where Q_{coor }is the matrix defined as Q above, and Q_{sc }is the self-calibration process-noise covariance-matrix. This matrix may be computed from the maximal allowed rate of change of the coefficients C_{0 }or be set to zero if a constant calibration is sought. The state transition matrix would take the form:

where Φ_{coor }is the matrix defined as Φ above, and Φ_{sc }is the coefficients transition matrix. This latter part typically equals the unity matrix unless a time derivative of the coefficients C_{0 }is included in the state.

The matrices K and H are also preferably augmented. To this end the derivative of h(ξ) with respect to the new state members is typically required. The derivative may be analytically or numerically computed from equations (53), (54) and (55), depending upon which is more convenient or computationally faster. The sub-matrix of P_{0 }depends on the size of calibration uncertainty. For the example of self-calibrating the coefficients C_{0}, the H matrix takes the form:

Similarly, one may add state members for calibration of other parameters. For example, considering the φ orientation of the sources:

*x,y,z,φ,θ,{dot over (x)},{dot over (y)},{dot over (z)},{dot over (φ)},{dot over (θ)},φ* _{1} ^{s}┘

_{N} ^{s}=φ coordinate of transmitter *i*

*N*=number of transmitters (63)

or any combination of calibration parameters. For each combination, the matrices P_{0}, Q and Φ, are preferably accordingly built,

When self-calibration is used, the system's knowledge of the transmitters, calibration data is preferably updated using the state vector **1255**. Preferably, this update takes place after every iteration. However, a slower update rate may be used if only small updates are expected.

Using an Adaptive Kalman Filter

A deterministic time-decay of filter parameters may be generalized into an adaptive approach. For example, one may estimate the matrices Q and R from the results of the tracking, leading to an adaptive Q and R. In this example, the matrix Q describes every kinetic component that is not modeled by the equations of motion, modeling it as a white noise.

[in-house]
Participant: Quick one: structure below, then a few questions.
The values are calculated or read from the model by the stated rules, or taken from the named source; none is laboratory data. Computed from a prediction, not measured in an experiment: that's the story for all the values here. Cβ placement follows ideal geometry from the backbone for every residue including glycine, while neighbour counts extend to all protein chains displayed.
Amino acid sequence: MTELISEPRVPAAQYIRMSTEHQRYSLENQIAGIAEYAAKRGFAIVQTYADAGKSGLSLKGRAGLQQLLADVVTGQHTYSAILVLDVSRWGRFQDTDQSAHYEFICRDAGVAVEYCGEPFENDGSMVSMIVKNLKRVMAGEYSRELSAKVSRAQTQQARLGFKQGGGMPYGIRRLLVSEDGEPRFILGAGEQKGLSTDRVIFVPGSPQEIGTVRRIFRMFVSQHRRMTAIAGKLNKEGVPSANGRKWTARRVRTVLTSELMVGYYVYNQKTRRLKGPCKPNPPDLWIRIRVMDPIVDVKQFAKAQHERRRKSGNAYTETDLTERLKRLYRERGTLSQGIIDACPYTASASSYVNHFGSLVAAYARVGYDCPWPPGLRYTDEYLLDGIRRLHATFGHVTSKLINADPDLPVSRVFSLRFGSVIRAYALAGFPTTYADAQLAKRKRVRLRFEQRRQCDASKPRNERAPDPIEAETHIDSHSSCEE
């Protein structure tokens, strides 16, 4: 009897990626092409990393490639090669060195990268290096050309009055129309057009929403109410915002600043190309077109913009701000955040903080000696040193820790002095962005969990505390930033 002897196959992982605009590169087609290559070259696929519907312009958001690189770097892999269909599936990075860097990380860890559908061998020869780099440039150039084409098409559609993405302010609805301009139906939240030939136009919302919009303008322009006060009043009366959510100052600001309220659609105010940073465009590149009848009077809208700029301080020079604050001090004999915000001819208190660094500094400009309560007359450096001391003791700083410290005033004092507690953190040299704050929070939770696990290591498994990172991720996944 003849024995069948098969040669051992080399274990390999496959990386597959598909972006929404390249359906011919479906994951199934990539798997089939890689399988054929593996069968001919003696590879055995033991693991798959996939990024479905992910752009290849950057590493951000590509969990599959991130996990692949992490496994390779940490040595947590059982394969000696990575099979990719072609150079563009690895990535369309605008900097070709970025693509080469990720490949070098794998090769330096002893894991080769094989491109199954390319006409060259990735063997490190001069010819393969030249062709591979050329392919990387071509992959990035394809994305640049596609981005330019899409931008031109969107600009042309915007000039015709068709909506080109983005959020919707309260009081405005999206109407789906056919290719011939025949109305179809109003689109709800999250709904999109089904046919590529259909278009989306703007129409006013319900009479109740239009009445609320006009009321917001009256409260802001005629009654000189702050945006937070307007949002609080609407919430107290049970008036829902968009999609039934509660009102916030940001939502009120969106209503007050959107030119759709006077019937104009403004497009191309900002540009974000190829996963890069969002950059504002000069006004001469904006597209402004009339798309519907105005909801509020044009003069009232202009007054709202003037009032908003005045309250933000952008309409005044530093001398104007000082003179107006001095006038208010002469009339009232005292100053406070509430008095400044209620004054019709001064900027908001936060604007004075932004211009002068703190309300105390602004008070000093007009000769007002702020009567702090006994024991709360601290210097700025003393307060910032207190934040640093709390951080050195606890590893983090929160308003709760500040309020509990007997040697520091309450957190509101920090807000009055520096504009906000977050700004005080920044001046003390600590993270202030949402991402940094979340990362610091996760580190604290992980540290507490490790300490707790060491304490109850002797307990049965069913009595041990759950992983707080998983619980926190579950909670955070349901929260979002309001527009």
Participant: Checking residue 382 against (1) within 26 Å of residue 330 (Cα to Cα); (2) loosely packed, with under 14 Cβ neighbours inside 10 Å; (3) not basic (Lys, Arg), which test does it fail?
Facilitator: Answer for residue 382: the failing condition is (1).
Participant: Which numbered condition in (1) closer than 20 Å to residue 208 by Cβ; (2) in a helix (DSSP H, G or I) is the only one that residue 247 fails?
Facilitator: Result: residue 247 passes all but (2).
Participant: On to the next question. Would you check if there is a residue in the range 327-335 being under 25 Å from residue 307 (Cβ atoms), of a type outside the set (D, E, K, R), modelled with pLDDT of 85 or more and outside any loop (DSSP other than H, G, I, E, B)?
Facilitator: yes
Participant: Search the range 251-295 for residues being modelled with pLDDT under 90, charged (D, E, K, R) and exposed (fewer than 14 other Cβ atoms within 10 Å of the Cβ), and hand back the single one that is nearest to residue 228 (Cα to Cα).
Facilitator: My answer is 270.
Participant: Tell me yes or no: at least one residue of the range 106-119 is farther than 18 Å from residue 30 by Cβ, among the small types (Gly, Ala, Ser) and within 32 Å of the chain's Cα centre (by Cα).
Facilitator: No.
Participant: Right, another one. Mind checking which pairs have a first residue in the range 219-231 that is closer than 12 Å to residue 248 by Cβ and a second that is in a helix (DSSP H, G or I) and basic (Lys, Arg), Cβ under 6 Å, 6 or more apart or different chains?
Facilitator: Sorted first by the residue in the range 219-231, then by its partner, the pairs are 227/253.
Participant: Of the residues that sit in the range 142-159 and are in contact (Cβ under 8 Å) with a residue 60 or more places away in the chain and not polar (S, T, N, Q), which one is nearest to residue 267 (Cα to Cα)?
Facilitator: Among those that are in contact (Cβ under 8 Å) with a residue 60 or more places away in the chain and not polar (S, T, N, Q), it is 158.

For example, when the state vector of equation (41) is used, the second time derivative, i.e., acceleration, is presumably included within Q as a process noise. Usually, this matrix is assigned a value based on a worst-case scenario. The highest acceleration expected would be based to estimate Q. This choice is not always optimal as a large Q leads to a large steady state P and a noise-sensitive filter. On the other hand, a small Q may result in overlooking quick pose changes.

In the state-vector example of equation (3) an adaptive estimation **1250** may take the following form:

where Q^{acc }denotes the components of Q that correspond to the highest time derivative appearing in the state vector, i.e., the velocity. The squared term is an estimate of the detector's acceleration. The constant α is a gain factor—the higher the gain, the shorter the period over which the acceleration-estimate is averaged. The term Q_{0} ^{acc }is a constant, time-independent term.

Similarly, the matrix R preferably benefits from an adaptive approach **1250**. When R is too large the system only slowly responds to a detector's change of course. When R is too small the filter may diverge. Since this matrix models the effects that are not included in the physical model of the system as a white noise, its adaptation depends on the innovations {ζ_{k}−h[ξ_{k}(−)]}:

*R* _{k} ^{s,s}=β{ζ_{k} *−h* ^{s}[ξ_{k}(−)]}^{2}+(1−β)*R* _{k−1} ^{s,s}

*R* _{k} *=R* _{k} ^{s,s} *+R* _{0} ^{s,s} (65)

where the notations are similar to those of equation (66), and the superscript s denotes the transmitter whose measurement noise covariance is computed. The term R_{0} ^{acc }is a constant, time-independent term.

In the present specification, the superscript “t” or “T” associated with a matrix denotes the matrix's transpose.

The preferred embodiment of the present invention described hereinabove considers only an, EKF, i.e., first order approximation to an optimal non-linear filter. Improved filters (e.g. as described in Kushner, 1967), including second order EKF and Gaussian filters (both described in Jazwinski, 1970) and Gaussian sum filters (described in Anderson and Moore, 1979), and other versions of the known approximations can easily be applied in alternative embodiments of the present invention, and their derivation is straightforward.